The hospital growing noses, ears and blood vessels
... British scientists make custom-made body parts using stem cells
In London’s Royal Free hospital, scientists are growing noses, ears and blood vessels in the laboratory in a bold attempt to make body parts using stem cells. It is among several labs around the world, including in the U.S., that are working on the futuristic idea of growing custom-made organs in the lab.
Only a handful of patients have received the British lab-made organs so far - including tear ducts, blood vessels and windpipes.
But researchers hope they will soon be able to transplant more types of body parts into patients, including what would be the world’s first nose made partly from stem cells.
‘It’s like making a cake,’ said Professor Alexander Seifalian at University College London, the scientist leading the effort. ‘We just use a different kind of oven.’
During a recent visit to his lab, Professor Seifalian showed off a sophisticated machine used to make moulds from a polymer material for various organs.
Last year, he and his team made a nose for a British man who lost his to cancer. Scientists added a salt and sugar solution to the mould of the nose to mimic the somewhat spongelike texture of the real thing.
Stem cells were taken from the patient’s fat and grown in the lab for two weeks before being used to cover the nose scaffold. Later, the nose was implanted into the man’s forearm so that skin would grow to cover it.
Professor Seifalian said he and his
Last year, he and his team made a nose for a British man who lost his to cancer. Scientists added a salt and sugar solution to the mould of the nose to mimic the somewhat sponge-like texture of the real thing.
team are waiting for approval from regulatory authorities to transfer the nose onto the patient’s face but couldn’t say when that might happen.
The potential applications of labmade organs appear so promising even the city of London is getting involved.
The polymer material used for his organ scaffolds has been patented and Professor Seifalian has also applied for patents for their blood vessels, tear ducts and windpipe.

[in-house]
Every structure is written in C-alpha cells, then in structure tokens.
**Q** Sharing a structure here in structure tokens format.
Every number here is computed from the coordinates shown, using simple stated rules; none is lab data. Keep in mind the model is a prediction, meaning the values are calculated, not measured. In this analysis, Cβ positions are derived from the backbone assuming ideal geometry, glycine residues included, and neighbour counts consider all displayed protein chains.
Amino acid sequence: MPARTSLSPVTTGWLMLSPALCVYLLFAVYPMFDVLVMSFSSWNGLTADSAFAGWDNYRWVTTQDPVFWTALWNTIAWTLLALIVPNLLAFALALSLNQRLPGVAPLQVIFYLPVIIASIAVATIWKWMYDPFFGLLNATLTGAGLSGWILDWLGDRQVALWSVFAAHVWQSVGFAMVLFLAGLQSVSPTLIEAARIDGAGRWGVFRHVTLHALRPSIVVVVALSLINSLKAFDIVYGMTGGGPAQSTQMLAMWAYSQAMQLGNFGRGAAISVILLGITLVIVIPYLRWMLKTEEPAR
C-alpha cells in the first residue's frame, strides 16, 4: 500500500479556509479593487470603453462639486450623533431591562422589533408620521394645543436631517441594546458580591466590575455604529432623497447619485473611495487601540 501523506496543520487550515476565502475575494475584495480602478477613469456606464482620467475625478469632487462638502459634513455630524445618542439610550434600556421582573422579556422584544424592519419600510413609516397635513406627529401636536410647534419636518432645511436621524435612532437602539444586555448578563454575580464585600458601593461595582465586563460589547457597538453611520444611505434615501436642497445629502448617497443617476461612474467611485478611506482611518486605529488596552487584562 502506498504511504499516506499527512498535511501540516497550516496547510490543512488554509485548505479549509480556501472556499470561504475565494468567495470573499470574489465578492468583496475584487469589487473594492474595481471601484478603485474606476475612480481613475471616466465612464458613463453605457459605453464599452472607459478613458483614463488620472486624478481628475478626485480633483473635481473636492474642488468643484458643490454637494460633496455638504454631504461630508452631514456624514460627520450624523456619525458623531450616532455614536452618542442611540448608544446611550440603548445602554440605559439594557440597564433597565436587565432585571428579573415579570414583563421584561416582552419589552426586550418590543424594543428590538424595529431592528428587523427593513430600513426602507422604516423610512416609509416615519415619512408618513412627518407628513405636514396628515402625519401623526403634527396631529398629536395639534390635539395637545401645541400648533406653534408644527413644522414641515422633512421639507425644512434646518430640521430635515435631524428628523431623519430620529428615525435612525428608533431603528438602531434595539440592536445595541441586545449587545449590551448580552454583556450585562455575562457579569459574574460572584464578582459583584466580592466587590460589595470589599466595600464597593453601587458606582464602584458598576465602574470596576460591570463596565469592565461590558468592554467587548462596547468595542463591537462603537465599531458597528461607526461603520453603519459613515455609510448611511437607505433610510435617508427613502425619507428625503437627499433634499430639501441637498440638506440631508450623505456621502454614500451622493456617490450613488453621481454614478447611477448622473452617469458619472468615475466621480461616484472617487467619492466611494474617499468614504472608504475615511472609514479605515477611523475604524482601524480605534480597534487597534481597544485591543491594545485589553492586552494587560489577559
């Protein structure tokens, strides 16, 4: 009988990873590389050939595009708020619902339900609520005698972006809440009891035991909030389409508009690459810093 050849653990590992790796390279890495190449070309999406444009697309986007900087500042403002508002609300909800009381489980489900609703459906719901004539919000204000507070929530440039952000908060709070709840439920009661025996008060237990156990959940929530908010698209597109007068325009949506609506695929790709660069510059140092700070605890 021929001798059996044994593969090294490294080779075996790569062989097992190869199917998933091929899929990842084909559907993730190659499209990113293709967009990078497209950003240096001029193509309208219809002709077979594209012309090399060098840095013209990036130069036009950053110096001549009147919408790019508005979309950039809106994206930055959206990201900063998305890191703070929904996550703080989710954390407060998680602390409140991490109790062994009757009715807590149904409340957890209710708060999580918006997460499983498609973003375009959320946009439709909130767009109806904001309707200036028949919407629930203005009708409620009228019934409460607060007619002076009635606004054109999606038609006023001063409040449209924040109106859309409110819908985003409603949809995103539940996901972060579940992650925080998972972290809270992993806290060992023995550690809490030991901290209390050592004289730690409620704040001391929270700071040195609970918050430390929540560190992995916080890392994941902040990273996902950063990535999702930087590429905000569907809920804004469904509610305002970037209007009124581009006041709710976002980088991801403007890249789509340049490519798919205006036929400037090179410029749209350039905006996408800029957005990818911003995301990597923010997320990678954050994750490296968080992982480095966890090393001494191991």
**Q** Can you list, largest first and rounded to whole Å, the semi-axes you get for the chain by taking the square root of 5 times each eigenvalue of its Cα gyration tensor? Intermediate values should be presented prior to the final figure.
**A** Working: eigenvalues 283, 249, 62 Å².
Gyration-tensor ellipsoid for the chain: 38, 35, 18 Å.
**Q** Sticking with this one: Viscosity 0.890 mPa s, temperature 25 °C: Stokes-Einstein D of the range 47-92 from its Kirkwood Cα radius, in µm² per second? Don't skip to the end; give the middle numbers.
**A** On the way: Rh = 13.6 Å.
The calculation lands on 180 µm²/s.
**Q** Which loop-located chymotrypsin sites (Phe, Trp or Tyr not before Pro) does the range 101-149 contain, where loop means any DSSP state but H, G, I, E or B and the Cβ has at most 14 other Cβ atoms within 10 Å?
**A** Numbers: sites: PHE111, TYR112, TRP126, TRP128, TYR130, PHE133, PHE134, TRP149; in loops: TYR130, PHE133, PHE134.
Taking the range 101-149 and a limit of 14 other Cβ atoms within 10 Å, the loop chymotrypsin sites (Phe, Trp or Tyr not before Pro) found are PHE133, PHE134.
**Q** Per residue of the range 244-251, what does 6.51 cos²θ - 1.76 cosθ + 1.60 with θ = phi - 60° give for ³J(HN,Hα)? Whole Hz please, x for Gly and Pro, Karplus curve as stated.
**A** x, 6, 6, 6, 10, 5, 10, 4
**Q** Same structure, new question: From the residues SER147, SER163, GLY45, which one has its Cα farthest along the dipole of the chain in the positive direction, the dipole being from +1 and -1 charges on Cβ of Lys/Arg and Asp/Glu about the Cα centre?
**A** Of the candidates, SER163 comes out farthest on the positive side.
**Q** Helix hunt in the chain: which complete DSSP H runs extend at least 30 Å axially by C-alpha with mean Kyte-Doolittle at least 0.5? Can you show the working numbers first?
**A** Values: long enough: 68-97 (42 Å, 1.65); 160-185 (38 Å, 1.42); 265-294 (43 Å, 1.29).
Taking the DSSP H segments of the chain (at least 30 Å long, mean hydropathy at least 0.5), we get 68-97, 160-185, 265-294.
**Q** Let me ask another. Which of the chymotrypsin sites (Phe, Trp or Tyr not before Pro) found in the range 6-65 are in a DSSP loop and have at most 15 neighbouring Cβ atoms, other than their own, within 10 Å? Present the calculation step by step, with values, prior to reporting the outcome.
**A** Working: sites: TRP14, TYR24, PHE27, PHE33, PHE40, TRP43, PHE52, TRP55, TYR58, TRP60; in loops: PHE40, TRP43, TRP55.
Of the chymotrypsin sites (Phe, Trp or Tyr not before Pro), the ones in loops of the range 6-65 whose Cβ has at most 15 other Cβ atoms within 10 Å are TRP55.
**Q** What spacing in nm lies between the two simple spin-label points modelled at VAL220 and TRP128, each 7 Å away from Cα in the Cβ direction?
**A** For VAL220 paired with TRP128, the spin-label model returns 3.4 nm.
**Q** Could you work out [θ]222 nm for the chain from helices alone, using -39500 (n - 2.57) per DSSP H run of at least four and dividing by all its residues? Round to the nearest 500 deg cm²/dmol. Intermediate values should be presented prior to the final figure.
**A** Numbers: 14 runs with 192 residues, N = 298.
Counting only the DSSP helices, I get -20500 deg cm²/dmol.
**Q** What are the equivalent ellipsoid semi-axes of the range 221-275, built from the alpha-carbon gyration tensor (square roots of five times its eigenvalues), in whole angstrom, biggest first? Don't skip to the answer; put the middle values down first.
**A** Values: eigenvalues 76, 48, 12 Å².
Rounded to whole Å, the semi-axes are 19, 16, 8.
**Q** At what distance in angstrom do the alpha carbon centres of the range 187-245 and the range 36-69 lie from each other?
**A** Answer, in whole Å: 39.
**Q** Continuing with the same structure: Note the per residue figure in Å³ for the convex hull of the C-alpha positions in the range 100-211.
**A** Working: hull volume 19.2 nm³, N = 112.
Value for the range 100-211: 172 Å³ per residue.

He and his team are creating other organs including coronary arteries and ears. Later this year, a trial is scheduled to start in India and London to test lab-made ears for people born without them.
Some scientists predicted certain lab-made organs will soon cease to be experimental.
‘I’m convinced engineered organs are going to be on the market soon,’ said Suchitra Sumitran-Holgersson, a professor of transplantation biology at the University of Gothenburg in Sweden. She has transferred labmade blood vessels into a handful of patients and plans to offer them more widely by 2016, pending regulatory approval.
Still, she acknowledged doctors will have to watch closely for any long-term side effects, including the possibility of a higher cancer risk.
The Royal Free hospital in north London is among several in the world, that are working on the futuristic idea of growing custom-made organs in the lab. Dr Michelle Griffin, who is working at the lab, said ears (top right) are harder to make than noses (left) because you have to get all the contours right and the skin is pulled tight so you see its entire structure. The bottom right shows a synthetic polymer nose, left, and ear are shown at the research facility.